Brown's Tuberculosis Funding Language Passes As Part Of Foreign Operations Bill
U.S. Senator Sherrod Brown (D-OH) today announced passage of language that would provide an additional $90 million in funding, bringing our total investment for TB assistance to $200 million. This language was cosponsored by Senators Brownback, Durbin, and Boxer and passed as part of the FY08 Foreign Operations Appropriations Bill.
Brown's language responds to the enormous TB death rates worldwide and the growing threat posed by drug resistant forms of this disease.
Extensively drug resistant tuberculosis (XDR-TB), which is extremely difficult to treat and kills most of its victims, has been found in 37 countries, including the U.S., Canada, and Mexico. Globally it accounts for approximately two percent of TB cases. This spring, the CDC announced that dozens of airline passengers were potentially exposed to (XDR-TB) on international flights out of the Unites States.
"Tuberculosis kills1.6 million people a year in developing countries," said Brown. "Unchecked, drug resistant TB, including deadly XDR-TB, threatens to reverse progress made against AIDS and TB worldwide. In today's world, extensively drug-resistant TB poses a grave public health threat never more than a plane ride away."
Funding for global TB programs has not kept pace with investments in other disease priorities like malaria and HIV/AIDS. U.S. funding for international AIDS efforts increased from $840 million in 2001 to over $5 billion in the FY '08 Senate Foreign Operations bill. U.S. funding for international malaria efforts went from $100 million in 2006 to more than $350 million in the '08 Senate Foreign Operations bill. Before Brown's language, the FY 08 funding for TB stood at $110 million.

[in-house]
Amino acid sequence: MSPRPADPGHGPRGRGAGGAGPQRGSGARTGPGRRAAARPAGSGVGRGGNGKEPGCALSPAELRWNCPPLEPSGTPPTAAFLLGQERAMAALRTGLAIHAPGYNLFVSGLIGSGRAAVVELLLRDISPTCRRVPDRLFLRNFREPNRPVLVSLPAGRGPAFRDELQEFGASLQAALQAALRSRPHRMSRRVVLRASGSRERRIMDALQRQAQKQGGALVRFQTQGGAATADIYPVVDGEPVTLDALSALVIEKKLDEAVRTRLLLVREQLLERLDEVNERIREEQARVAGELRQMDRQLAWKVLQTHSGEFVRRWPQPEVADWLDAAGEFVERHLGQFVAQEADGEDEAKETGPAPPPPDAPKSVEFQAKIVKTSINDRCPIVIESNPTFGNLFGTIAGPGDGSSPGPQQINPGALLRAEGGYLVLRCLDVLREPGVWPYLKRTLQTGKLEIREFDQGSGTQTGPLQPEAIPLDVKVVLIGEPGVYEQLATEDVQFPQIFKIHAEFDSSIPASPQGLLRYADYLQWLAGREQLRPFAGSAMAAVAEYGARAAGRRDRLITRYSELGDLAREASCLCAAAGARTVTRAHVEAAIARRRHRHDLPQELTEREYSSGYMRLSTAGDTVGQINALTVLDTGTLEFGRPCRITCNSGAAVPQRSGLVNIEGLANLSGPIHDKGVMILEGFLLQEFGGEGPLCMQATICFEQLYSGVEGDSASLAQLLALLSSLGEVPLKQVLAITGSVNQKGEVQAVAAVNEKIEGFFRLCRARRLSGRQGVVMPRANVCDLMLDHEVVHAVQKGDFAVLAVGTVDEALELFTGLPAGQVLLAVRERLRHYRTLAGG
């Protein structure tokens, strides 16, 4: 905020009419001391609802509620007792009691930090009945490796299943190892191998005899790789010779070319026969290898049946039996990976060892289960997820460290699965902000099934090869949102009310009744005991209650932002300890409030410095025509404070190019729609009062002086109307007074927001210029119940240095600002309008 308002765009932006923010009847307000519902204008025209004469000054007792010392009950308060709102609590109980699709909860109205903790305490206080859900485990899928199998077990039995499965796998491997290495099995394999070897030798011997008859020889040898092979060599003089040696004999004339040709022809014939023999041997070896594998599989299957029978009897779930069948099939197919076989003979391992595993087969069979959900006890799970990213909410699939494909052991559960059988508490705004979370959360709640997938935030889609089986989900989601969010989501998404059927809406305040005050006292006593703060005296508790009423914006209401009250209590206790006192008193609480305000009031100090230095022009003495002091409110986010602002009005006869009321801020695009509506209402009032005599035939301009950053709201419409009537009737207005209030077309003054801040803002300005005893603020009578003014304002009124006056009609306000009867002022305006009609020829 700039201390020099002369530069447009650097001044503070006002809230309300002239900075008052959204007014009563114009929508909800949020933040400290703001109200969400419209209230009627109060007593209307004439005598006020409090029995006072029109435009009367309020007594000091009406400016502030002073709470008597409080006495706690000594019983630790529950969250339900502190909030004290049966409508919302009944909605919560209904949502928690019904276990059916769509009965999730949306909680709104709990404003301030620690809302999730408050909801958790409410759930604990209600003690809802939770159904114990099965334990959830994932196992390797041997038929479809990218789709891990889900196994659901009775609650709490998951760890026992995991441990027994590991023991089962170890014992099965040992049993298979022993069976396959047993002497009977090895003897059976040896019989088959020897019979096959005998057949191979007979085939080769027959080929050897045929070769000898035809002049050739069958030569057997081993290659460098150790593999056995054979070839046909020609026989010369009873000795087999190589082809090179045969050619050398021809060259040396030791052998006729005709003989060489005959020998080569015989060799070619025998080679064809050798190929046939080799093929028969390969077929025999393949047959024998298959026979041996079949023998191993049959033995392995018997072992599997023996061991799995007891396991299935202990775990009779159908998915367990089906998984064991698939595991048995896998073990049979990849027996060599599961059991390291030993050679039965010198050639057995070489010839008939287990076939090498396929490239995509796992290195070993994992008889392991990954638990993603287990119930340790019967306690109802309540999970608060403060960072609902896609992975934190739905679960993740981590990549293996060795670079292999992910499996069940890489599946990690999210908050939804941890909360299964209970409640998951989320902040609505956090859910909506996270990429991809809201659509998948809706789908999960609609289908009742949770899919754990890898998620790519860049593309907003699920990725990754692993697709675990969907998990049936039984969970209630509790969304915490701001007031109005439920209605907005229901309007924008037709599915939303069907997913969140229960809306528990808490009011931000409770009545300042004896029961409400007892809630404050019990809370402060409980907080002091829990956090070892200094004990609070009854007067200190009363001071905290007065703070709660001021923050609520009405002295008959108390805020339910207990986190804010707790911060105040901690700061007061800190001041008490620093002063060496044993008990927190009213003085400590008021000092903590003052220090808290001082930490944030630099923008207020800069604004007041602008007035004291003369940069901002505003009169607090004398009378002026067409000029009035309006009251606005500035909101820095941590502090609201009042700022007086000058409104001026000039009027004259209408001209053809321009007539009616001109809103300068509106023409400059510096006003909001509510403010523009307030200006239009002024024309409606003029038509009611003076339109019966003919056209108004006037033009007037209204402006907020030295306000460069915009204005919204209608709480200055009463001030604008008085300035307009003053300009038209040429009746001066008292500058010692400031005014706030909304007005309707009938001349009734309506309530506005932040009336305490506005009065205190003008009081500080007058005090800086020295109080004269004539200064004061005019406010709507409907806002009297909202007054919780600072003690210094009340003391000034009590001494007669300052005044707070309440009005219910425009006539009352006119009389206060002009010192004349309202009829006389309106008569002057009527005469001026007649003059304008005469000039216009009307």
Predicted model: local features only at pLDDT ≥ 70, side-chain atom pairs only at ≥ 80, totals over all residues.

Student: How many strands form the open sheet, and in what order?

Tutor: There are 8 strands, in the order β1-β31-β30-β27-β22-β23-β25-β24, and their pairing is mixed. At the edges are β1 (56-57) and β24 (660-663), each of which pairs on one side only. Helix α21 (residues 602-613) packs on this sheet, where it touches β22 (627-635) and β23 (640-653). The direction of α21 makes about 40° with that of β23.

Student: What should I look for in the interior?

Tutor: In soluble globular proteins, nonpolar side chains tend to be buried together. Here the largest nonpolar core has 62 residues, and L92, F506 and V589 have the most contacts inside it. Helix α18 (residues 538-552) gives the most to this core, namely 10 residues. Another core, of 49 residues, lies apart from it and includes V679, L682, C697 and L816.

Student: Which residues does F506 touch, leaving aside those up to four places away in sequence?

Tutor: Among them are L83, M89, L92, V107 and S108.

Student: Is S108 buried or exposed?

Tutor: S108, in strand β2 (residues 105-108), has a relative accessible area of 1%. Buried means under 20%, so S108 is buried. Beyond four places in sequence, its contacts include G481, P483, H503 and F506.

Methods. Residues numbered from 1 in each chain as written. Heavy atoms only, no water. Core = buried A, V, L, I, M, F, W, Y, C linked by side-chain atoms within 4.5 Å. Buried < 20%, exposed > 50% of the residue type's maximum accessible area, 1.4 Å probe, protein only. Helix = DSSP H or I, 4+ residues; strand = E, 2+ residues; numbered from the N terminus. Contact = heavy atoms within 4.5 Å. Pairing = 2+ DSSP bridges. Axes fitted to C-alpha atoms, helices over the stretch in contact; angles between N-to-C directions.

In June, Brown was joined at a Capital Hill news conference by Dr. Jim Kim, Professor of Health and Human Rights at Harvard University, in support of comprehensive tuberculosis legislation designed to fight the reemergence of TB in the U.S.
Earlier this year, Brown met with representatives from CDC, the World Health Organization, and U.S. Global AIDS Coordinator, Mark Dybul, to discuss growing concerns about XDR-TB. In February, Brown joined with Senators Dick Durbin (D-IL), Barbara Boxer (D-CA), Gordon Smith (R-OR), and Sam Brownback (R-KS) calling on the U.S. Department of State and the CDC to respond proactively to XDR-TB. They cited an outbreak of XDR-TB in a South African hospital in August that, within 25 days, killed fifty-two of the fifty-three patients infected.